Guest Columnist

Does America have too much regulation?

A public safety officer stands behind the gates of temporarily closed park at a crowded viewing point for a flyover by t
A public safety officer stands behind the gates of temporarily closed park at a crowded viewing point for a flyover by the Navy’s Blue Angels and the Air Force’s Thunderbirds of the New York City skyline in Weehawken, N.J., Tuesday, April 28, 2020. The flyover was in tribute to the medical personnel, first responders and other essential workers in the fight against the new coronavirus. (AP Photo/Seth Wenig)

I remember the discussion for many years starting in the late 70s about “offshoring” manufacturing which is “fancy talk” for moving American companies to, well, mostly China.

One of the compelling arguments was that US workers were making too much, were unionized and were “trouble.” A second really huge justification was that Congress and states were putting too many regulations on companies. Those involved environmental requirements, OSHA safety rules, and especially Consumer Products Safety Commission (CPSC) or the CDC’s, National Personal Protective Technology Laboratory (NPPTL) and standards which were “unreasonable” and placed too much of burden on U.S. companies.

Fast forward to 2020.

There are many recalls of hazardous products. Such as, “The Dexter rechargeable battery packs can short circuit, causing them to overheat, posing a burn hazard to consumers,” and burn your house down!

How would you like to have grandma treated by workers a Counterfeit respirator? We just found out that millions of these, made in China, were delivered and may be in use by nurses and doctors. They are a lot cheaper than American made masks.

Did you know that thanks to offshoring,<URL destination="https://www.cnbc.com/2020/03/24/us-drug-shortage-fears-grow-as-india-locks-down-due-to-the-coronavirus.html"> “Indian pharmaceutical companies supply approximately 40-50% of all U.S. generic drugs.”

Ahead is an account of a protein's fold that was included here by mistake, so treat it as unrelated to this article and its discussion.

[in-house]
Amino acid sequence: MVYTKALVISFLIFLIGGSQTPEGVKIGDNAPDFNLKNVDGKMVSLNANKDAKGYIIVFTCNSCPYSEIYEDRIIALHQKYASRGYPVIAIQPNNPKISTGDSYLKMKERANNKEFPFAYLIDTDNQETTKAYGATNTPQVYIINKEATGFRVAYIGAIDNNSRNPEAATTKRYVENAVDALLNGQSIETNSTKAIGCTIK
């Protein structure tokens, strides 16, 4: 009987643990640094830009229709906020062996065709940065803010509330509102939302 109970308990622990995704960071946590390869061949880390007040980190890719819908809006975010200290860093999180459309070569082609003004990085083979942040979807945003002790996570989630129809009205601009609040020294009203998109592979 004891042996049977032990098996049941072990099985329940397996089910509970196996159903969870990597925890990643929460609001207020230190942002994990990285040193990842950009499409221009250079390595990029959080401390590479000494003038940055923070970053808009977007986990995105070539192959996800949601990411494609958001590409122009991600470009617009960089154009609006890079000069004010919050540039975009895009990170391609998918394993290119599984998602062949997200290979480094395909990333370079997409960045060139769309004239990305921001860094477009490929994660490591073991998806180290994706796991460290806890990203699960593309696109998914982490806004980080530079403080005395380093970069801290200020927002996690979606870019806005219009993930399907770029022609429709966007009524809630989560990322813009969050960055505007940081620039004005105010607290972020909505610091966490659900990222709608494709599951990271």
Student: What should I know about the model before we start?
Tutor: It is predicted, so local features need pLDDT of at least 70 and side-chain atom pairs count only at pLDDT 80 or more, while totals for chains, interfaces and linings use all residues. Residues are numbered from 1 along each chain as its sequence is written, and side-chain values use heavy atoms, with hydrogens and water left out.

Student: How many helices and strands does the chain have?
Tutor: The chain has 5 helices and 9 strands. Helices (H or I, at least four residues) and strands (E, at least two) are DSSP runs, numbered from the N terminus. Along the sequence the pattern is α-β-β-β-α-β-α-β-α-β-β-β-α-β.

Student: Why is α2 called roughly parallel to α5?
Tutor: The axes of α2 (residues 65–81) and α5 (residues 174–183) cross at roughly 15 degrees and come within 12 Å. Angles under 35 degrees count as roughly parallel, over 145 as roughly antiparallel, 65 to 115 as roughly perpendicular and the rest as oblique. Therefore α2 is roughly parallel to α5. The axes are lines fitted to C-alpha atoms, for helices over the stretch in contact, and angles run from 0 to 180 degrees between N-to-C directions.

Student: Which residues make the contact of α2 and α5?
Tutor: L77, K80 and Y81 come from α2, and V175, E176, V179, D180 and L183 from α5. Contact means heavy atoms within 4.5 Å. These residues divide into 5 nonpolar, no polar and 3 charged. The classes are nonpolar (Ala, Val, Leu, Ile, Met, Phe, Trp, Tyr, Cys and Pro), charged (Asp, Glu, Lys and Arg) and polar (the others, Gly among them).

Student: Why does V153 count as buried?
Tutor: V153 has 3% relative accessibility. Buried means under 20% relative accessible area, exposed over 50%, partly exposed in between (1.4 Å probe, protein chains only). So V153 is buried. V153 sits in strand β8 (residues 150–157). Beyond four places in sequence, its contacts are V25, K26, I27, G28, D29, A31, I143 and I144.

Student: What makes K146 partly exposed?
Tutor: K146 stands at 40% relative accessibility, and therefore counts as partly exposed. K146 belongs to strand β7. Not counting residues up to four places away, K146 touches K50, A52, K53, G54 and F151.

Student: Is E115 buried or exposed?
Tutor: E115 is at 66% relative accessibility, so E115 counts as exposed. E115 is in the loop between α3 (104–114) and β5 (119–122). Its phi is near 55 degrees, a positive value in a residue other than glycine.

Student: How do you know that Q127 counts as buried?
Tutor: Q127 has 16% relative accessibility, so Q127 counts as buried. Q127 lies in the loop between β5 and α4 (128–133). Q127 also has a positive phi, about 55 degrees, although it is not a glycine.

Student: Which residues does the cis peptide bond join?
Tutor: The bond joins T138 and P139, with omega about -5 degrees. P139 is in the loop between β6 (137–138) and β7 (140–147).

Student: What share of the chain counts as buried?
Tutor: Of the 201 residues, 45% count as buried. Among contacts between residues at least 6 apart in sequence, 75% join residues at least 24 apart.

</URL>Did you know that “China is the world’s largest supplier of active pharmaceutical ingredients.”?

And did you see that CNBC reported, “ … analysts have warned that the COVID-19 pandemic threatens this critical supply chain and could cause significant disruption to the availability of drugs over the next several months.”

Now we are suddenly reaping the real consequences off offshoring and it’s not looking good.

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Suddenly Republicans have pivoted on the issue of offshoring. Besides dangerous products we are now concerned about the deep dependence on foreign manufacturing.

Conservative Republican Texas Sen. Ted Cruz recently said, “Our ability as a nation to manufacture defense technologies and support our military is dangerously dependent on our ability to access rare earth elements and critical minerals mined, refined, and manufactured almost exclusively in China. Much like the Chinese Communist Party has threatened to cut off the U.S. from lifesaving medicines made in China, the Chinese Communist Party could also cut off our access to these materials, significantly threatening U.S. national security.”

That is a dramatic reversal from the long-standing bipartisan support for allowing companies to move overseas.

Today one of the most dangerous dependencies is on the preeminence of Chinese information technology especially Huawei, one of the world’s largest makers of smartphones and networking equipment.

COVID-19 has added emphasis to the fact that, “We’ve known for decades the U.S. is dependent on foreign suppliers, but the shortages of PPE, personal protective gear for front line health care workers — has exacerbated the problem and further exposed our dependence,” according to a Denver, Channel 7 report.

I’m suggesting that 2020 marks the high point as well as the end to shipping so much U.S. manufacturing and jobs overseas. Economists and business college gurus, who for decades recommended that America should get out of the manufacturing business and concentrate on the service and “knowledge industry,” have been proved disastrously wrong. When taken to far “Competitive advantage” and cutting labor costs are practically an existential threat to national security, jobs, and economic sustainability.

There will need to be a radical shift to a new paradigm that will refresh the American economy and, while maintaining strong international partnerships and trade shift us away from dangerous dependence to greater self-sufficiency.

Steffen Schmidt is the Lucken Endowed Professor of Political Science at Iowa State University.

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